If your concern is meta-ethical, and you’re worried about whether moral judgments are truth evaluable or intrinsically motivating, then you’ll be careful to disambiguate. But that kind of care is absent in the vast majority of empirical work in moral psychology – even when investigators manage not to equivocate between “judgment”, “reasoning”, and “decision-making”.
But what comes out of people’s mouths may bear only a tenuous relation to their attitudes or beliefs. And I know of no clear account of how, empirically, to distinguish intuitions from beliefs.
Construed as a process, Moral Judgment is variously described as something that
a. generates moral judgments
b. drives moral judgment
c. plays a role in forming moral judgments
d. produces moral judgments,
e. the process of reasoning to moral judgments
or, in some sense,
f. responsible for an individual coming to have or finding herself with a moral judgment.
These lists are no doubt only partial, but the potential for question-begging and for confusion of other kinds should be obvious.
Of course, I get it that if you’re running a study about “moral judgment”, you’ll need to operationalize the notion. But even here, investigators have employed quite different methods: subjects have been asked to enter rating on a Likert scale about whether an imagined action is permissible or forbidden; they've been asked how wrong an action is; they’ve been asked how severely an agent ought to be punished for performing an action; they’ve been asked whether an action is ‘okay’. We should be cautious in drawing conclusions about the nature of moral judgment from ‘converging’ bodies of evidence when that ‘evidence’ has been arrived at on the basis of quite different assumptions. Indeed, it is challenging even to try to compare various studies.
Still, it is not as if philosophers don’t get into the same sort of pickles. “Moral judgments require backing by reasons. . . . One must have reasons of else one is not making a moral judgment at all (Rachels, 1993; see also Kennett & Fine, 2009)”; moral judgments are intrinsically motivating (Smith, 1994); moral judgments have a distinctive phenomenology (Horgan & Timmons 2007; Glasgow, 2013); moral judgments are performatives (Gibbard 1990).
This is stipulation of a quite different kind. And I understand why people engaged in the empirical investigation of moral ‘judgment’ – heavens, I've made it difficult to use the term myself – would be impatient with the (sometimes too quick) dismissal of their work by philosophers who are sure about the necessary conditions for any judgment being a genuine moral judgment.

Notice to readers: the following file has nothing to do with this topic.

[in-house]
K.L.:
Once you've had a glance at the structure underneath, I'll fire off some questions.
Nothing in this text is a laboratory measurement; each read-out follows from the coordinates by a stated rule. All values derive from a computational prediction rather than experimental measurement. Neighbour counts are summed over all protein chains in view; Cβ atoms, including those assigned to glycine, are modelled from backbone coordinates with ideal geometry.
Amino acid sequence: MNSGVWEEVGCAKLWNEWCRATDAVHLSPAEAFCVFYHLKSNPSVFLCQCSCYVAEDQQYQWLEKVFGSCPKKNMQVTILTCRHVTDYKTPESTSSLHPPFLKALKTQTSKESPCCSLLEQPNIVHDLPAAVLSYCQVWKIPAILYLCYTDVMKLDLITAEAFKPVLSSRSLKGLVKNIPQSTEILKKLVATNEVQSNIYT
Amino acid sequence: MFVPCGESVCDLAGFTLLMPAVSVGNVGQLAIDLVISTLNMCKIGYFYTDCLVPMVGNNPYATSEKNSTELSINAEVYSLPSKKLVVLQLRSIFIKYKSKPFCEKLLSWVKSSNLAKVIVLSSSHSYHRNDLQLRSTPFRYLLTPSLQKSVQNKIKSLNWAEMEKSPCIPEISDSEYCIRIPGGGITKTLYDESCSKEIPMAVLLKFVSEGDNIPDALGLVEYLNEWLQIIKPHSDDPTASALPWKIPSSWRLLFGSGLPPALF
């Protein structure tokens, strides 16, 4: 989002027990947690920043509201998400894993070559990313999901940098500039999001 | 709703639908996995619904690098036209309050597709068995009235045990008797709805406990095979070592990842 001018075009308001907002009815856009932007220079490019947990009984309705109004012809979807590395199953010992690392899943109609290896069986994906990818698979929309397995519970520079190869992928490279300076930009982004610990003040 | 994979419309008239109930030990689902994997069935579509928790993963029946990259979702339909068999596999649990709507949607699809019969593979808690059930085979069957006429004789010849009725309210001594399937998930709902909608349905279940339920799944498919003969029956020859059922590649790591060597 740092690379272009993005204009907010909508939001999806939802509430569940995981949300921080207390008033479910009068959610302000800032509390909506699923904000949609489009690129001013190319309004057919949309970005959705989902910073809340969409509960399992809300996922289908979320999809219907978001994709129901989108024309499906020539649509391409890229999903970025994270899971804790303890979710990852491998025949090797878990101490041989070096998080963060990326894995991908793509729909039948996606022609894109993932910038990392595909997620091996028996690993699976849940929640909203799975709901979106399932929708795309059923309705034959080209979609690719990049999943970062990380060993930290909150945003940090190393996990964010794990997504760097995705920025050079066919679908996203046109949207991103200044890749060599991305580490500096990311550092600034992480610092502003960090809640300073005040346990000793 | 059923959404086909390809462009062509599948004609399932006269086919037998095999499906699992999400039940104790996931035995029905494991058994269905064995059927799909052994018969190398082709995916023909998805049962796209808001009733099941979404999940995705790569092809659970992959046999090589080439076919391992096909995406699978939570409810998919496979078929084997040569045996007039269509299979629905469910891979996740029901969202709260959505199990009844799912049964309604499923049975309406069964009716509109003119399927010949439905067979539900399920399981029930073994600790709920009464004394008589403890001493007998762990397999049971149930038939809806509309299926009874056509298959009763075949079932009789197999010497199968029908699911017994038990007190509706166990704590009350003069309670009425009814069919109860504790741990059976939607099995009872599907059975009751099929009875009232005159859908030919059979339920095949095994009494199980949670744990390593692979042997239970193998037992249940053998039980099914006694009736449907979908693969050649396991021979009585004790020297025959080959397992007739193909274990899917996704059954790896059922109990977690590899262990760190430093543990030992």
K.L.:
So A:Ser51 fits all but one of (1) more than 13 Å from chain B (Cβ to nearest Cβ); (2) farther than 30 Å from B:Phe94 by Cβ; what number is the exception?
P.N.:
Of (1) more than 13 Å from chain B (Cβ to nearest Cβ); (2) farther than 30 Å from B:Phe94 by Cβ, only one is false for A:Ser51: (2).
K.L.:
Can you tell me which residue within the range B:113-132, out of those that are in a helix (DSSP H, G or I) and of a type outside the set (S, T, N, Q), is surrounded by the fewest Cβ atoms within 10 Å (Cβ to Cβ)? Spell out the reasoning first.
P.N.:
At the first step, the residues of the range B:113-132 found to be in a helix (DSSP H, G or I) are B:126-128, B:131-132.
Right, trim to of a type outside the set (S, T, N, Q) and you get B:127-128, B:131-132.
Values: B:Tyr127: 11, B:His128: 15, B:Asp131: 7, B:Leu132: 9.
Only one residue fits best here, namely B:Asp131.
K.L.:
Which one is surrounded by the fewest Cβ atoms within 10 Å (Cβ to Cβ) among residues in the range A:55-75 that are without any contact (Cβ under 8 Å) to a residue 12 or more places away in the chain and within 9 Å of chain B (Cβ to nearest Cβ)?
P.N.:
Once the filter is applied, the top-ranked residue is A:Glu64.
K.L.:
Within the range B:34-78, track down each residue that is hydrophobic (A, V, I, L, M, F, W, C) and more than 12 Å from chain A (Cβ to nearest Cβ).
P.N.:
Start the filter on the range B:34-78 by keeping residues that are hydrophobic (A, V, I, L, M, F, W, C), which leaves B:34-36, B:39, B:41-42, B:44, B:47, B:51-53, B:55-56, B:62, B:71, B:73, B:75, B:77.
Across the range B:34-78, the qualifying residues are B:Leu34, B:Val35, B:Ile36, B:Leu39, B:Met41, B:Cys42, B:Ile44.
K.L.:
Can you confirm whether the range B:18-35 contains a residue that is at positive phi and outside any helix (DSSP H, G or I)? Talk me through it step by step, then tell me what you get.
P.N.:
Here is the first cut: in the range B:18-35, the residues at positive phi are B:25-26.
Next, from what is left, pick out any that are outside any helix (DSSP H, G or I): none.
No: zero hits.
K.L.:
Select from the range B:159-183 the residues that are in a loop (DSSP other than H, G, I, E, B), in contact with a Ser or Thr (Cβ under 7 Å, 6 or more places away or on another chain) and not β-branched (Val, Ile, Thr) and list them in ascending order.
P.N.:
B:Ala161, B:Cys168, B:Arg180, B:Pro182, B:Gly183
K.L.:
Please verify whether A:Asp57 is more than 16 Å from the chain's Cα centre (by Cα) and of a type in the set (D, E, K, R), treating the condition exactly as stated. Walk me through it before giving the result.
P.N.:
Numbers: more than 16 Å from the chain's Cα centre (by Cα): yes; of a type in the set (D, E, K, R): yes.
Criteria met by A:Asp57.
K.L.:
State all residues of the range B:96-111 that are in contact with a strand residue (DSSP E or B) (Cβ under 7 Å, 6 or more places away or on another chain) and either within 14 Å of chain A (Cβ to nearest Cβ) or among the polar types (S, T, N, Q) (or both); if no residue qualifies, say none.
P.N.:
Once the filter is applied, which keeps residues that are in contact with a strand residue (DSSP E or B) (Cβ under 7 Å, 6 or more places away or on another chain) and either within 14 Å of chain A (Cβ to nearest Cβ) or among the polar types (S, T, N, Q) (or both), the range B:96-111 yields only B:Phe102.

In any event, notice two other matters that require some kind of resolution before we can articulate a model of moral judgment (and of Moral Judgment) that could be used to test how Moral Judgment works in human beings. First, there is the question of what it is to make a judgment or engage in judgment. And second is the question is what (if anything) makes a judgment or an event of judging moral (as opposed to non-moral).
On the former, I encourage readers to take a look at the essays in Mental Actions, edited by Lucy O'Brien and Matthew Soteriou (Oxford: OUP, 2009). I may have some more to say about this anon.
On the latter, I don't pretend that it's news that there is no definitive account of how to individuate a distinctly moral domain, and that might have serious implications for how to think seriously about and empirically investigate moral judgment and moral cognition. See Josh Greene's recent notes on this. Something else on which I might comment anon. (The Rise of Moral Cognition. Cognition 135 (2015): 39-42.
But the long and short of it is that there is very little agreement about what, precisely, is being studied under the general rubric of 'moral judgment'.
How to address this:
People are at liberty of course to stipulate what they shall mean by the expression “moral judgment”. And it would be a step towards clarity if they would do just that.
But there is an wide open invitation here for philosophers to revisit the question of what a judgment is, whether judgment is a mental action. This is all for now fully consistent with the idea that there is no domain specific thing moral cognition.
We should never lose sight of the fact that how adult abilities bear the marks of their development. So the children are important, as are other populations. But what we want to know is not how could this phenomenon exist, but why does this exist rather than something else. More on that issue next week when I take on the views about the mind and reduction.
What are we studying – object of inquiry and development (always a plus of the LA for me)
How to find a way to talk about the conflation of psychology and philosophy?